A cou­ple once assured me that they would always be “in romance” with each oth­er. They imag­ined that they had been “in love / romance” for 8 months, after all. 

Since they were pre­tend­ing they could pre­dict the future, I invit­ed them to remem­ber the begin­ning of oth­er rela­tion­ships, when they had felt the same about past lovers. They briefly looked sheep­ish, then spoke in uni­son, “This time, it’s dif­fer­ent!” (Of course, they are right, but for anoth­er rea­son entirely!)

Des­per­a­tion here, folks. I feel good right now, and I want this to last for­ev­er, while get­ting “bet­ter and bet­ter.” Yet, there is no for­ev­er. There is just this moment, and my choice as to how I will be in it. To think of the future is per­verse, as it actu­al­ly takes me away from this moment, and “here, now” is all there ever is.

Essential Zen Lesson 2  —  Drop Clinging

Sure, I’m speak­ing impos­si­bil­i­ties. It’s not pos­si­ble to nev­er cling. (Dou­ble neg­a­tive! Wow!) How­ev­er, we can notice and let go.

Cling­ing has three forms. We pull what we want toward us, we push away what we hate, and we are neu­tral to much of our expe­ri­ence. All of this is done in our heads, as we judge the object of our intention.

  • Want­i­ng more is the state of men­tal­ly grasp­ing onto some­thing plea­sur­able as opposed to expe­ri­enc­ing the now.
  • Push­ing away is men­tal­ly cre­at­ing abhor­rent sto­ries, as opposed to expe­ri­enc­ing the now.
  • Being dis-inter­est­ed is escap­ing into your head, where you judge that your fan­tasies are “bet­ter” than expe­ri­enc­ing the now.

Cling­ing is all about think­ing that your thoughts about liv­ing are bet­ter than actu­al­ly liv­ing. Cling­ing is thus a judge­ment  —  a men­tal eval­u­a­tion of some­thing past  —  a set­ting up of sce­nar­ios that are then com­pared with the now.

And the now is found to be lacking!

All fight­ing is caused by this. I have a thought about how you should be, I judge that you are not as I want you to be, and there­fore, if you love me, I decide that you should want to fix your­self so I can have my fan­tasies match real­i­ty.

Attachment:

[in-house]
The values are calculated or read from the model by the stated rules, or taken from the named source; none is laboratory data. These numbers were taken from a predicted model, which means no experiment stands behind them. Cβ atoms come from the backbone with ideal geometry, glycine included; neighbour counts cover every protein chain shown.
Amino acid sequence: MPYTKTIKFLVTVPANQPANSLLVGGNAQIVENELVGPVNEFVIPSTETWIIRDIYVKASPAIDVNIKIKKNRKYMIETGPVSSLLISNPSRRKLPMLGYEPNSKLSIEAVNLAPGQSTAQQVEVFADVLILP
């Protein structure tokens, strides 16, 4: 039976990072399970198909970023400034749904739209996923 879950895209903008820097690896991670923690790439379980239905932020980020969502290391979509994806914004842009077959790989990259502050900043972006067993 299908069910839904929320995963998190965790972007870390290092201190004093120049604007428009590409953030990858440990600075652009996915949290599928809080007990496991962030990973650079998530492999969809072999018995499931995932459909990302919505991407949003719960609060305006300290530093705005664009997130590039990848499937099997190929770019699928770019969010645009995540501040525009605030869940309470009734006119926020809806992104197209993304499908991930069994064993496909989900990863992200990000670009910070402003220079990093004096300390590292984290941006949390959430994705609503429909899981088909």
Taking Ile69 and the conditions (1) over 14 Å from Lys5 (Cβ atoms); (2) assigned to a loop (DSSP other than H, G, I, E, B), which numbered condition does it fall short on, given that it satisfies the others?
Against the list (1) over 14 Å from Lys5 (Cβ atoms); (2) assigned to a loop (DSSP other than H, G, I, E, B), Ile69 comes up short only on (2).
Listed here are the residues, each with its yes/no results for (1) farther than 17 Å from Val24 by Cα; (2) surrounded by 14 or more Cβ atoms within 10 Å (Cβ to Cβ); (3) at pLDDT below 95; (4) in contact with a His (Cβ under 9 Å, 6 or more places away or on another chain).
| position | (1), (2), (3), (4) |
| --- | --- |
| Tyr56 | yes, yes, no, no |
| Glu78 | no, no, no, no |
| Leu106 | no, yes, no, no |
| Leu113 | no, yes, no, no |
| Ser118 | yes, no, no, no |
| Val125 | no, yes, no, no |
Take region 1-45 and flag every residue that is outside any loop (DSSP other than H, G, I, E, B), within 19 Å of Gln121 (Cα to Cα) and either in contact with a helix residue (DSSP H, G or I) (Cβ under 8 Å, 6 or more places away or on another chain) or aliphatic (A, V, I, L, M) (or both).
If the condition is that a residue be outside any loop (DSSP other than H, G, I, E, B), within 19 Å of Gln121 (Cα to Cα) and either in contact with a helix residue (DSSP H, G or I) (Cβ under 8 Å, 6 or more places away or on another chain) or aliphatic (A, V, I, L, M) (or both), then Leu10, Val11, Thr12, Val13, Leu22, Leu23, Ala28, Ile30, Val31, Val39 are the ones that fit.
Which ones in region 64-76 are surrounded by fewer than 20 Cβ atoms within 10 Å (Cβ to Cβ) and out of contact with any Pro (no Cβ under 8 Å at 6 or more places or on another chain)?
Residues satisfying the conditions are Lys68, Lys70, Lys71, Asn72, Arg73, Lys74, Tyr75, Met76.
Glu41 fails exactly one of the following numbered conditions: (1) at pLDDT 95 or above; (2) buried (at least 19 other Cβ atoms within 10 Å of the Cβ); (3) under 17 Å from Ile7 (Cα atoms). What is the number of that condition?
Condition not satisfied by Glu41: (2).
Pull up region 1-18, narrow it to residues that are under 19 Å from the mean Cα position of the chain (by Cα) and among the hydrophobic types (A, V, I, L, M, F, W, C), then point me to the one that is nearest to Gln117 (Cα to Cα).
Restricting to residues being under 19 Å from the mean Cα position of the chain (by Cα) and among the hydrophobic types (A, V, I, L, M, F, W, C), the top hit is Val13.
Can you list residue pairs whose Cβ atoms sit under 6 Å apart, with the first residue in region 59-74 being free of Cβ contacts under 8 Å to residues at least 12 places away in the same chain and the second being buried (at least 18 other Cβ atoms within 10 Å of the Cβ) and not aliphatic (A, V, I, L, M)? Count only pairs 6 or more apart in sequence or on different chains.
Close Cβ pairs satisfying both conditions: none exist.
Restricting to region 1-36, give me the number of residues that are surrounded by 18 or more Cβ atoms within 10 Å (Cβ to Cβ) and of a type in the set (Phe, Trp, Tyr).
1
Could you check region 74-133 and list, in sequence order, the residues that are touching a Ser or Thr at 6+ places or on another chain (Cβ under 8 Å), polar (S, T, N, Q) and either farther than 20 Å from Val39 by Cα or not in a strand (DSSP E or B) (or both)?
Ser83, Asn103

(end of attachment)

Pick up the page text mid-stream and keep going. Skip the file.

I judge that how I imagine you should be is more important than how you are.

Yet, when some­one wants you to match their belief of how you should be, you get all bent. Weird, eh?

Engagement in the here and now is simple presence.

This, then this, then this. No thought of “all of this should be dif­fer­ent.” That’s cling­ing to a thought. Instead, do some­thing dif­fer­ent, do what you are doing, or leave. 

Way too sim­ple, eh? After all, you are here to tell every­one else what to do, right?

Get over it.

Essential Zen Lesson 3  —  Simplify

We cre­ate com­plex­i­ty to build a sense
of impor­tance and drama. 

I saw this with clients all the time. They’d report some event, and they’d blow it up to such “large­ness” and impor­tance that I was sur­prised the thought did­n’t explode. 

They’d put hours and hours (some­times years and years) into their sto­ry, and there were twists and turns and paus­es and tears and lots of drama.

I used to do this a lot. I’d go off to my ther­a­pist, Glo­ria,  and tell her one of my “trag­ic tales.” She’d lis­ten, shake her head, and say,

Cute, but stupid.”

I’d sigh, and let go of the story.

I’m not smart. I’m just good at dropping my drama. I see me hurting myself and decide, for this moment, not to.

Ram Dass used to talk about “Nobody Spe­cial train­ing.” Same thing. We want to be sig­nif­i­cant, noticed, impor­tant. We’re not. No one is.

Sto­ry sim­pli­fi­ca­tion is this: “This is it. How it is right now is how it is, and in the next moment it will be that. Me too.”

This does not pre­clude action. It’s like me and Glo­ria. Her action is to point out my inat­ten­tive sto­ry mak­ing, and to invite me back to the present. It’s a short, sweet approach to ther­a­py and life. If she chose to engage in debate about my sto­ries, she’d join me in mag­ni­fy­ing them.

Sim­pli­fi­ca­tion extends to all of our actions. It’s the mean­ing of “Chop Wood, Car­ry Water.” When chop­ping, chop. When writ­ing, write. When work­ing, work. Let go of the need to bore your­self or dis­tract your­self. Do what the present moment requires.